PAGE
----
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Travel

To Aid Island During Pandemic, Students Forgo Senior Trip

Students from a Maine island high school have seen the world on senior class trips — the Eiffel Tower, Iceland's volcanos, Norway's fjords, the canals of Italy, the tropical beaches of Panama. 

This year, members of Islesboro Central School's Class of 2021 — all 13 of them — were eyeing a trip to Greece, or maybe South Korea. But they wound up going nowhere. 

Instead, they donated $5,000 to help out neighbors struggling in the wake of the pandemic.

It was painful, no doubt. But in the end, it wasn't a difficult decision.

"It felt sort of obvious that it needed to go back to the island community," said Olivia Britton, 17, of Belfast, one of this month's graduates.

Before the pandemic put the kibosh on further fundraising — including their annual auction — the seniors raised nearly $8,000 by working concession stands, holding harvest and winter festivals, and hosting community suppers. 

Much of that money would end up going to the Island Community Fund to help people suffering from COVID-19-related job losses to put food on the table or cover unexpected expenses.

The pandemic hasn't been easy for young people anywhere in the United States, and the tight-knit island community has felt the effects keenly.

Five of the Islesboro Central School seniors take the ferry from the mainland, while the rest live on the island, which has about 700 year-round residents. So the students were not only isolated by the pandemic but they were also split apart, unable to gather for months, with a three-mile gulf between the island and the mainland.

The Class of 2021 had long been accustomed to doing things together. For Halloween, the class would coordinate group costumes and pile into a school-owned van, driven by an English teacher, to go trick or treating together on the island.

It was a large group, by island standards. In fact, the 13 seniors represented the largest senior class in recent years.

As the reality of the pandemic took hold, the seniors kicked off an email chain to discuss what to do about the trip. International travel was a no-go, so Greece, South Korea and Japan were no longer options.

They thought about scaling it back. Perhaps they could do a regional trip. It would be better than nothing. But even that started to seem far-fetched.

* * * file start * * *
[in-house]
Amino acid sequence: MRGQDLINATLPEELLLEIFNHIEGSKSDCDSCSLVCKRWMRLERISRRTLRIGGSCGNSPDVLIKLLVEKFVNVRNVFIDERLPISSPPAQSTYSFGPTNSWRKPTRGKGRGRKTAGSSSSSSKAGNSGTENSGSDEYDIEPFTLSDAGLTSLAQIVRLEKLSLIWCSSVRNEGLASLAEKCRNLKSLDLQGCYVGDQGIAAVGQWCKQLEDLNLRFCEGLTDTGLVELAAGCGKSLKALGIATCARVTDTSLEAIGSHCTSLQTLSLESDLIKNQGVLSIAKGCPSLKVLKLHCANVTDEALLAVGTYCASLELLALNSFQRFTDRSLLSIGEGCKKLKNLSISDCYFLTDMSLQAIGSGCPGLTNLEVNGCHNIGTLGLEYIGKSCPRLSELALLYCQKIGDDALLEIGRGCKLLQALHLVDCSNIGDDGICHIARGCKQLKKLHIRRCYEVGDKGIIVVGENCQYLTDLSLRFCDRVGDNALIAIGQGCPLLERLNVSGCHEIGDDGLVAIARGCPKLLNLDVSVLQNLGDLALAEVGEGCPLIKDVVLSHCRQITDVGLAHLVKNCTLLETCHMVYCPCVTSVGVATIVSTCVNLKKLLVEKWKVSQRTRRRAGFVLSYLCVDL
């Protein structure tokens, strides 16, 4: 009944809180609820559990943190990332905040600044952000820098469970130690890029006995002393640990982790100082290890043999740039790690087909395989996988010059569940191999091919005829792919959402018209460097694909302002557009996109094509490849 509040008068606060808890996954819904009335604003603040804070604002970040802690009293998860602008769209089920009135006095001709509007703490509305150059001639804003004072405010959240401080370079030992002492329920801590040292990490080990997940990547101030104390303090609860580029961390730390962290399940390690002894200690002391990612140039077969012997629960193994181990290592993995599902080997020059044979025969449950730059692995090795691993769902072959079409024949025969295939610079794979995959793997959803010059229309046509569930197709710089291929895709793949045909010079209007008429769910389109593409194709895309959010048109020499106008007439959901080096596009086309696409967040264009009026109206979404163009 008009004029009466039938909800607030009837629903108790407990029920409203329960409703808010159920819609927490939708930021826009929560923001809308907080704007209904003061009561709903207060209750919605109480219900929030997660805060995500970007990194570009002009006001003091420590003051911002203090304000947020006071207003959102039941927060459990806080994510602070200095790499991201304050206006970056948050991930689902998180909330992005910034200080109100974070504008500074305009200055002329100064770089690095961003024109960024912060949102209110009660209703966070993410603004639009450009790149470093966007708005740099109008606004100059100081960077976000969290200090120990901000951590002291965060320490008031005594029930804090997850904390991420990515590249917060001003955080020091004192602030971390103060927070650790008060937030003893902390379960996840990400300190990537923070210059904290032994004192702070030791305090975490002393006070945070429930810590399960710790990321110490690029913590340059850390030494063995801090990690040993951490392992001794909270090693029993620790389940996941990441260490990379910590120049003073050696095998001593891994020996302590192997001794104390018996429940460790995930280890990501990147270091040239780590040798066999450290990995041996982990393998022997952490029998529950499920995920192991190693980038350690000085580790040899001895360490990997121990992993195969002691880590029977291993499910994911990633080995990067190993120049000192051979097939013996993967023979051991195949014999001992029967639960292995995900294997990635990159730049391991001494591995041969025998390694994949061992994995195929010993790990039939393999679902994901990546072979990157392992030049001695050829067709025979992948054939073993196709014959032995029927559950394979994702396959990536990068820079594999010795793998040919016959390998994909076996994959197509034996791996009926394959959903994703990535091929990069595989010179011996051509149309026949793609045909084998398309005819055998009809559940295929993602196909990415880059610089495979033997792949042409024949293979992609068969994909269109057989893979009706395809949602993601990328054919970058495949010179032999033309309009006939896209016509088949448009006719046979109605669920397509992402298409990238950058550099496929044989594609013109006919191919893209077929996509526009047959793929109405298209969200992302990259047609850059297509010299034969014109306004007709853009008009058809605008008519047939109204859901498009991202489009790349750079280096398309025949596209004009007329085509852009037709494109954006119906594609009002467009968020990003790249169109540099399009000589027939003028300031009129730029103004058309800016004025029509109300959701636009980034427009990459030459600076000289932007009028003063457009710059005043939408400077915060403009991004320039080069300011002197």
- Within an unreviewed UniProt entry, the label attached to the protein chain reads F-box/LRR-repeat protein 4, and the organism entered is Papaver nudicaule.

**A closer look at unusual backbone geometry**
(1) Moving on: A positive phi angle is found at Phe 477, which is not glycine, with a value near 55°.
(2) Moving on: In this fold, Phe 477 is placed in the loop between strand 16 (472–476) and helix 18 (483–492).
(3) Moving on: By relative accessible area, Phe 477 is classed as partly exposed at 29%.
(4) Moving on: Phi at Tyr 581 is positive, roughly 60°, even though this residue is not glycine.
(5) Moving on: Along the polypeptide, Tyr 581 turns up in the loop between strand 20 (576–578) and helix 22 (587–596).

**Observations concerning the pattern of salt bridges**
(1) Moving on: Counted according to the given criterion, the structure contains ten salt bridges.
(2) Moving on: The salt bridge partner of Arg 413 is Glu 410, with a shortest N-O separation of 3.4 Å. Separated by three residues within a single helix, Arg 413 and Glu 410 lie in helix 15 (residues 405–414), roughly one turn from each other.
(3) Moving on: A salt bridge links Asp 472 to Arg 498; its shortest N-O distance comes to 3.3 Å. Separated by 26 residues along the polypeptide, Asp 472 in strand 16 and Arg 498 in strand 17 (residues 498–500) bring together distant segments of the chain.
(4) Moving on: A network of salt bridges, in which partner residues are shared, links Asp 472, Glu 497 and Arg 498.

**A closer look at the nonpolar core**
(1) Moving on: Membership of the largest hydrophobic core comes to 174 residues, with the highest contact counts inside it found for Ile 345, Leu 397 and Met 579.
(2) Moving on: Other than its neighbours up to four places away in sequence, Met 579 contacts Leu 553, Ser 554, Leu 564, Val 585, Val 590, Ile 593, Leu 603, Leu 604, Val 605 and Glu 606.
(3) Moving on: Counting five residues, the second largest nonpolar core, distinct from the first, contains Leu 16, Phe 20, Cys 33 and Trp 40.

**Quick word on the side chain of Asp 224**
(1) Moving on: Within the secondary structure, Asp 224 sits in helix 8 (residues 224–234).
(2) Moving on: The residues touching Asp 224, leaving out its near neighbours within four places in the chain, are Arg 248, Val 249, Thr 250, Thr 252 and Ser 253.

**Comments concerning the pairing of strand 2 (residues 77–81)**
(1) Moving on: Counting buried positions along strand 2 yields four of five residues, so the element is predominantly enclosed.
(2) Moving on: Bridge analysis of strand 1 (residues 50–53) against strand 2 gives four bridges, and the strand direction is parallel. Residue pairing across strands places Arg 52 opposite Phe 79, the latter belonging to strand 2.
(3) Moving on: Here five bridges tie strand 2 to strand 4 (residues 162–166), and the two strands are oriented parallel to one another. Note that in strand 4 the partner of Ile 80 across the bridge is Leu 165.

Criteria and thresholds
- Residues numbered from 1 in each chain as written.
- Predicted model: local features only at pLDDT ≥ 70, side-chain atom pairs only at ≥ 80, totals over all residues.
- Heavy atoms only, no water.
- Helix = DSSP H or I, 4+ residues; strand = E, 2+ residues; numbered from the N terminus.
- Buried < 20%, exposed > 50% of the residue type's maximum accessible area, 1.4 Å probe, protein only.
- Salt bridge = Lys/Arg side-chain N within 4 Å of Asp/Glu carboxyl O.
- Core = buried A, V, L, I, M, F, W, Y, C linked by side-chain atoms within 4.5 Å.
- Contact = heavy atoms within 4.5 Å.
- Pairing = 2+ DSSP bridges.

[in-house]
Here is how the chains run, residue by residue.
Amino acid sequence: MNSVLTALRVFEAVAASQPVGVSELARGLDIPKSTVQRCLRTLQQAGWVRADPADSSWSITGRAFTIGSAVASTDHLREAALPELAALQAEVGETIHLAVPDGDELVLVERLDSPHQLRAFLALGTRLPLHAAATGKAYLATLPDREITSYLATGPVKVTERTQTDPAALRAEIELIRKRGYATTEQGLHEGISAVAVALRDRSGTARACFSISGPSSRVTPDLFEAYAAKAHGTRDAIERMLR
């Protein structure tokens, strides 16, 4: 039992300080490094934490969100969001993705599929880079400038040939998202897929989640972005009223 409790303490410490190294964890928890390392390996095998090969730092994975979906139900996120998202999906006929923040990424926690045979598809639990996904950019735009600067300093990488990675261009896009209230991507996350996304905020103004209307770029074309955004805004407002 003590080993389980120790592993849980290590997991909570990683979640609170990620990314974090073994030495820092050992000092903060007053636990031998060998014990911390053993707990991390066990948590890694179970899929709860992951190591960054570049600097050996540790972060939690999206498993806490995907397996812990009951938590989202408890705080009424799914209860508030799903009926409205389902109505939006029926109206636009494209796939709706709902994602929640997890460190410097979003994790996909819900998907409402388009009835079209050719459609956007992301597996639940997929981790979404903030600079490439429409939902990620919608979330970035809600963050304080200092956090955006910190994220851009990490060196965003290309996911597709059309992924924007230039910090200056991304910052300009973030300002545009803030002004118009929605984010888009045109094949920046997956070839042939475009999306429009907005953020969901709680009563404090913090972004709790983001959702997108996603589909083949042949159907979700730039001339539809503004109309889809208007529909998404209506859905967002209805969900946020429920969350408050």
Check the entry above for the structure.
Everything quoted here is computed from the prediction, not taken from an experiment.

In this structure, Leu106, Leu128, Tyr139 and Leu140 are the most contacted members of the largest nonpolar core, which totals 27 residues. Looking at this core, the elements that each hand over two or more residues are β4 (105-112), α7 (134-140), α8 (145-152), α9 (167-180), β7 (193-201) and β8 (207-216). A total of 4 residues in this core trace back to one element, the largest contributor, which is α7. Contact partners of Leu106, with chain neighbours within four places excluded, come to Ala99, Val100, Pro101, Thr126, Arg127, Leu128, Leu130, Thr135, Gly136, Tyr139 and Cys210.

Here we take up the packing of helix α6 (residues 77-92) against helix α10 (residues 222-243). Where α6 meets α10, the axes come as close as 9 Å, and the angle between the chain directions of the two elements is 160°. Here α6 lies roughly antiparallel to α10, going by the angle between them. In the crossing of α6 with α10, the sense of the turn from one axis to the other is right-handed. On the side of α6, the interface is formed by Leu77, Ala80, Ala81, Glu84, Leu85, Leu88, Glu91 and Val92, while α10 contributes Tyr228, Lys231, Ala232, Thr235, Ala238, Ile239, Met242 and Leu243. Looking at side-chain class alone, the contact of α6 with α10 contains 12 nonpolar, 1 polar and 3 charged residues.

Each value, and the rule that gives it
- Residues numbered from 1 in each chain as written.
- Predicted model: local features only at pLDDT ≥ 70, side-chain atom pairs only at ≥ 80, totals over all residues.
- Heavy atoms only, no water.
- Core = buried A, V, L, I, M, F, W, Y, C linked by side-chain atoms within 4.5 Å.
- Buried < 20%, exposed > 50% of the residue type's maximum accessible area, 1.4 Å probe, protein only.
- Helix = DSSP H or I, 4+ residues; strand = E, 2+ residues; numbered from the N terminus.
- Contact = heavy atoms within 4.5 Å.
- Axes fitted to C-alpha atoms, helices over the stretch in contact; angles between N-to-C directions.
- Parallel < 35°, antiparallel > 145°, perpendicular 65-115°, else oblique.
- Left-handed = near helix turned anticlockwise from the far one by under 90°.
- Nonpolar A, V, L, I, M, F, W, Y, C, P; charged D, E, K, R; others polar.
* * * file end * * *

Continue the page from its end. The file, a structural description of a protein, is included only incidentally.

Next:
The world's struggles weighed on them as they tried to justify salvaging an exotic outing against a backdrop of deaths and economic pain.

It would have seemed "weird and definitely wrong" to be spending money on an overseas trip during a time of such difficulties, said Liefe Temple, 18, of Lincolnville.

"We could really see how the whole world and the island, too, was struggling. So it felt really good to do that with our money, to give it back to the people who gave it to us," Temple said.

The president of the Isleboro Community Fund said there were cheers, high fives and even some tears when the board learned of the donation.

"When everything settled down, there was a strong sense of pride in these students. That's because their decision demonstrated an awareness of the hardship in their community and a willingness to do something about it," Fred Thomas said. "They learned that giving is hard, but giving is good."

Some money also was used to defray unexpected costs associated with operating COVID-19 vaccination clinics; the students got a kick out of knowing they contributed to their teachers and peers getting the jab. They're still deciding where to donate the couple of thousand dollars that's left.

Word of their gesture spread through a news account in their local newspaper. They received a warm response on the island, said Britton's mother, Dr. Megan Britton, a family doctor who advised the Class of 2021 on fundraising for the trip.

The consensus: "People complain about the youth today but this really flies in the face of that. Not these kids, at least," she said.

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